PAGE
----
Picture this: you are hanging out on the playground at a park on a sunny afternoon. You find yourself scaling the monkey bars two at a time and barreling down the plastic spiral slide, not a care in the world.
Suddenly, a child about your age starts to chase you. Instantly you become the victim in a game of tag where you inevitably are “it”. You run around the park, lost in a world of play with a new friend whom you just met.
Then you hear your mom say it’s time to go and you wave goodbye to your new best friend, whom you know you will never see again. Sound familiar?
Single-serving friends, those friends who hang out only as long as they are within eyesight and then disappear from your mind, are one of the magical wonders of childhood.
Now, fast-forward twenty years: You are waiting for public transit, in line at a concert or waiting for a friend at a bar alone when you strike up a conversation with a stranger. You chat casually, discussing relatable topics that you both find stimulating.
After you begin to part ways, you exchange numbers and promise to make plans. As the weeks go by and you scroll through your phone, you randomly find their number followed by the sinking feeling that you aren’t going to actually text them. You waffle between deleting it or keeping it in case they happen to text you.
Now, rewind. Wouldn’t that situation feel better if you could part ways knowing full well that despite the best of intentions, you will never see each other again? Can you really make a friend who serves a single purpose at the moment and then disappears completely?
The answer is yes.
The term “single-serving friend” was coined in the movie, “Fight Club”:
“Everywhere I travel, tiny life. Single-serving sugar, single-serving cream, single pat of butter. The microwave Cordon Bleu hobby kit. Shampoo-conditioner combos, sample-packaged mouthwash, tiny bars of soap. The people I meet on each flight? They’re single-serving friends.”
As an attractive, gregarious female Lyft driver, I come across all kinds of single-serving friends. We engage in animated conversation about a menagerie of topics: politics, travel, parenting, relationships, interesting careers, the best places or eat or drink in the city, and above all else, how busy my night as been.
Maybe because of the intimacy of being in close proximity, maybe because of my general ability to find a thread with which to stitch into any conversation topic, I find people are very open to sharing information with a complete stranger for the length of a car ride.
Don’t get me wrong; I have spent many a car ride with passengers who preferred their smartphone to a deep discussion about the golden mean or whether stricter gun laws decrease violent crime. Yet, a majority of customers prefer to engage in delightful banter rather than radio silence.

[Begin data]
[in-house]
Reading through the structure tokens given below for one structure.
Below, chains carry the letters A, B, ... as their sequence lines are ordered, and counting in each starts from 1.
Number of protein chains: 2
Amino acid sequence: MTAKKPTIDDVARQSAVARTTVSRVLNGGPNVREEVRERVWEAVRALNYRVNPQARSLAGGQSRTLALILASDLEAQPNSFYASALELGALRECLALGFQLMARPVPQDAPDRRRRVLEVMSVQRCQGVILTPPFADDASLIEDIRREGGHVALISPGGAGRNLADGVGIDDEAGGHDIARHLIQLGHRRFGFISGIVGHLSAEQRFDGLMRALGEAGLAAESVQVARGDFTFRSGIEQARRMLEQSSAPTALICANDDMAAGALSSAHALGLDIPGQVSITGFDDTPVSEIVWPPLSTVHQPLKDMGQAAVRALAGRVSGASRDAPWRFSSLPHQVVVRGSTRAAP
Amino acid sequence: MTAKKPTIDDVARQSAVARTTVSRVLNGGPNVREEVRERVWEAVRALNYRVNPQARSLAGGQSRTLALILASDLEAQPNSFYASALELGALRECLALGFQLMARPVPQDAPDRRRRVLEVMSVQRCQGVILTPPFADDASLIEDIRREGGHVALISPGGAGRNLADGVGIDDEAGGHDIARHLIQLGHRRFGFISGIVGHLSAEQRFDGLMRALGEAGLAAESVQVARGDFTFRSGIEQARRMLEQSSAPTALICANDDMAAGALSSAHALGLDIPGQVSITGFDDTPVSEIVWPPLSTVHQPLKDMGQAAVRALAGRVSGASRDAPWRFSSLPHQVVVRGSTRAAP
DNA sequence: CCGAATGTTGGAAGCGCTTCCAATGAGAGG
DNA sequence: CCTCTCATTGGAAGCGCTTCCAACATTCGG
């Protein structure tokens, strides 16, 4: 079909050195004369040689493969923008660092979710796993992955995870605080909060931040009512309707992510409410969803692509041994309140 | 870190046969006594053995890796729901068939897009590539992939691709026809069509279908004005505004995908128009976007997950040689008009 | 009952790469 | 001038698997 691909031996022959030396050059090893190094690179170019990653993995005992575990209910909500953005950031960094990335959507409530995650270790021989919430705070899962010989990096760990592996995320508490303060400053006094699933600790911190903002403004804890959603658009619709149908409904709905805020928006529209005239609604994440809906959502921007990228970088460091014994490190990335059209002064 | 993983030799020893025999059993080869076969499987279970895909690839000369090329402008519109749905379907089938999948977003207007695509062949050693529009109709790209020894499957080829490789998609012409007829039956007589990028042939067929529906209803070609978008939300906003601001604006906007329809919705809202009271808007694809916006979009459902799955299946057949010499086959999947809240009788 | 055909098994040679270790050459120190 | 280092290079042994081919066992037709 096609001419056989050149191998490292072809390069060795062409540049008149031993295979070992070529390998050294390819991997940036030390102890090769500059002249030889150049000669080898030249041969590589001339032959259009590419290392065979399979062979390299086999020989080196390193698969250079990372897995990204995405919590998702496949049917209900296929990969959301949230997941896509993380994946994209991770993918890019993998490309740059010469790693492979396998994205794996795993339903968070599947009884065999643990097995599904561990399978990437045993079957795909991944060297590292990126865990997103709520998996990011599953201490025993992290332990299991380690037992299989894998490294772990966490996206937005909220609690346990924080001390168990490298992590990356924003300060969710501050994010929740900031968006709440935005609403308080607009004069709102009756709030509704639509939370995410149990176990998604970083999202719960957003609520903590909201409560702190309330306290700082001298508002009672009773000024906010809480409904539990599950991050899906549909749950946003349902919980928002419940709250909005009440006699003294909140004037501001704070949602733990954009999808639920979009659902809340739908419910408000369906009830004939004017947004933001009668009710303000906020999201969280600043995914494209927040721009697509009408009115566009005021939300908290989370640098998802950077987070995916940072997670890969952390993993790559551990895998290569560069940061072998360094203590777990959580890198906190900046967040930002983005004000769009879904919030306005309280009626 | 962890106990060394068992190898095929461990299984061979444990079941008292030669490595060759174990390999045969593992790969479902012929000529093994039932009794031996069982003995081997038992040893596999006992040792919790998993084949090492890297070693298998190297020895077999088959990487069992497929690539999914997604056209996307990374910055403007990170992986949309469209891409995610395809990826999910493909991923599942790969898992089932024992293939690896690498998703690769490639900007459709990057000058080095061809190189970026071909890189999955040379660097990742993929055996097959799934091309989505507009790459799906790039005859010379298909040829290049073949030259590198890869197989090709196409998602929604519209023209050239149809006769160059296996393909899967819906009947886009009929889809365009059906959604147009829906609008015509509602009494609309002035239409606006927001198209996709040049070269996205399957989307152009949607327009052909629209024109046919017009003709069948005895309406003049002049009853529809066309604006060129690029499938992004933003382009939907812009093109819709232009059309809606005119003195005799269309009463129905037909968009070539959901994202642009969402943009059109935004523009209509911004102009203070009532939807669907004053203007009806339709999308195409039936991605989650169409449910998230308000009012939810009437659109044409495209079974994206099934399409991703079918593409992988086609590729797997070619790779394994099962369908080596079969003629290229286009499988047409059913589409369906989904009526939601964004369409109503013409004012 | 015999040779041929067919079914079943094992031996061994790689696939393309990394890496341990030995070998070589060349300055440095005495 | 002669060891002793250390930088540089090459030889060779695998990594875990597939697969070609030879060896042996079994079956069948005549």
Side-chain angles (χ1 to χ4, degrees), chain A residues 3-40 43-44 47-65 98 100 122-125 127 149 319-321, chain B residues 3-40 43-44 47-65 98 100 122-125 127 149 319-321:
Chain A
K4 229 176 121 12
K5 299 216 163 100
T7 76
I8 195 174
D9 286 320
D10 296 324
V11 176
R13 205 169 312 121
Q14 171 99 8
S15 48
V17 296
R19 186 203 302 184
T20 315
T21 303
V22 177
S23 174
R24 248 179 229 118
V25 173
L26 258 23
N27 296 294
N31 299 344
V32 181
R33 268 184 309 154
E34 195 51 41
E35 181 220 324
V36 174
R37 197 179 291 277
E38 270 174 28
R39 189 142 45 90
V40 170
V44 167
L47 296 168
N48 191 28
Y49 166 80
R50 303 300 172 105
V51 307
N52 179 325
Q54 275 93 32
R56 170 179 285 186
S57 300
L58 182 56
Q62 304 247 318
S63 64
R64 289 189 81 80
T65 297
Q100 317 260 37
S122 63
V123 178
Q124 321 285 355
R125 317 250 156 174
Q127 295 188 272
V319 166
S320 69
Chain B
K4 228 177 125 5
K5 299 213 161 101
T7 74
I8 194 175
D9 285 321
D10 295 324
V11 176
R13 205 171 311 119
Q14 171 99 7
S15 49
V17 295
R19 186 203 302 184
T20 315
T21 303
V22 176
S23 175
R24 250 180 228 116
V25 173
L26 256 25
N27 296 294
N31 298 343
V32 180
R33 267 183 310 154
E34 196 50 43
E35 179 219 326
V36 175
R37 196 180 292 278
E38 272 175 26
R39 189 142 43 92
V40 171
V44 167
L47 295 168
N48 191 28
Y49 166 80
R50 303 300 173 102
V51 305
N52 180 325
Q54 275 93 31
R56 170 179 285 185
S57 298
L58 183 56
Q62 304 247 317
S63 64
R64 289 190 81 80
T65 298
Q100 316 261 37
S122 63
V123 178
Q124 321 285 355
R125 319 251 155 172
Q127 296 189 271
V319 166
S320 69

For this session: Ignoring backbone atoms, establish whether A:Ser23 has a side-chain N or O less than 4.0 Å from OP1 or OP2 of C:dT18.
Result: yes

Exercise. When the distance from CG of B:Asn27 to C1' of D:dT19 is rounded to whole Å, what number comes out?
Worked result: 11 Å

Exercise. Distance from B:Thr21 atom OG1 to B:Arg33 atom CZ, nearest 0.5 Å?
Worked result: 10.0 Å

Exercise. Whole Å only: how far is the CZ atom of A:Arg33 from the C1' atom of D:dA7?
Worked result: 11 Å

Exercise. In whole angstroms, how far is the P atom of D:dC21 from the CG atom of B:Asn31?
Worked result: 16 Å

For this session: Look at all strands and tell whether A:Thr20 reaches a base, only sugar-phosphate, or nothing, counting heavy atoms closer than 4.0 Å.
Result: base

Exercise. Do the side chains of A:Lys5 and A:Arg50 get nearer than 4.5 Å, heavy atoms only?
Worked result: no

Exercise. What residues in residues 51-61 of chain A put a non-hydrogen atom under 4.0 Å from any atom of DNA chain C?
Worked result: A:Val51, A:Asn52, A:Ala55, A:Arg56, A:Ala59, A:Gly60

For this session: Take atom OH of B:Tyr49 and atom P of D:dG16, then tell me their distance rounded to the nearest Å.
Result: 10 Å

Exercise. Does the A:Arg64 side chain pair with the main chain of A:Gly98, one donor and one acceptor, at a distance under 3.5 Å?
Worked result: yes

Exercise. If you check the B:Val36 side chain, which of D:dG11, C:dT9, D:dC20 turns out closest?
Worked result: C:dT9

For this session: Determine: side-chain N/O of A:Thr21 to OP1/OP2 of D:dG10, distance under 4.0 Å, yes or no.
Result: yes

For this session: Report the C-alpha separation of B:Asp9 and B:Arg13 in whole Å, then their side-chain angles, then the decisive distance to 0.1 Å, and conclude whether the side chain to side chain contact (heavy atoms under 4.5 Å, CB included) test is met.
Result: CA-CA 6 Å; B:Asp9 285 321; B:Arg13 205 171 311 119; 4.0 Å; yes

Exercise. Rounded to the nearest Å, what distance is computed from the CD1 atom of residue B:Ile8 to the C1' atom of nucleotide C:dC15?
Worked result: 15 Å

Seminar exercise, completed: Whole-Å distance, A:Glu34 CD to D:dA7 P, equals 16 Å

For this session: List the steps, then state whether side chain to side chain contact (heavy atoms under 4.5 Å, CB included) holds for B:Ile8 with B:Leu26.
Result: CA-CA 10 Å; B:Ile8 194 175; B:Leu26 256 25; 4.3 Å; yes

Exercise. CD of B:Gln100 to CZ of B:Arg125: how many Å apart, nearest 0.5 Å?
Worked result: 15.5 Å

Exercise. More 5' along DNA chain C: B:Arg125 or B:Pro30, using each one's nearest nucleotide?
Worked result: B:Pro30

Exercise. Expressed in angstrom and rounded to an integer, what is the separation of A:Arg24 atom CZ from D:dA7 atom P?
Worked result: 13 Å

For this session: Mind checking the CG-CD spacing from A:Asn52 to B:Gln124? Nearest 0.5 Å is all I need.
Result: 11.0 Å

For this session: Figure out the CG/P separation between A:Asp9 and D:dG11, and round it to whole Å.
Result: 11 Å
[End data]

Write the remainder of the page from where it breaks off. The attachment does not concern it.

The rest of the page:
Some of the more interesting things I have been asked by my single-serving friends are:
- “Do you enjoy threesomes?”
- “Want to join our bachelor party at the strip club?” (more than once)
- “Are you interested in joining me while I sit in a camping chair and watch the Proud Boys riot downtown?”
- “Did you know that Dubai is not in India?”
Having a single-serving friend can come in many different forms. One might be waiting at a bus stop. Perhaps you are in line at the DMV. No matter your location, a single-serving friend is apt to begin a single-serving conversation that will invariably entertain you and if nothing else, be a story to tell your real friends later.
As a female, it might be easier for us to attract single-serving friends. The lone female waiting for something seems to be the most adept at attracting attention; be it a ride, grocery check-out or in the waiting room at a dentist’s office, we are naturally susceptible to a start-up conversation from males and females alike.
Another group who tends to have it easy when it comes to single-serving friends are extroverts. The extrovert views the world one-potential-friend at a time and will find friends wherever they go. Naturally talkative and outgoing, extroverts will tire readily at the prospect of sitting or standing alone and will often seek out the company of others.
Whether you are an extrovert or happen to be standing next to one, a single-serving friend is ready and waiting.
But what about the snowflake/unicorn single-serving friends who you want to continue to see, even after your departure from the freezer section of the supermarket or toward the arrival gate at the airport?
Unfortunately, single-serving friends do not endure the way traditional friendships do. They are meant to serve a single purpose and then dissolve sweetly like the creamer in your coffee.
Do not worry that you will never see your single-serving friend again; simply feel enlightened by the fact that you connected with someone in a real-life face-to-face manner, devoid of an app and glowing screen — no single-serving custom Cordon Bleu hobby kit required.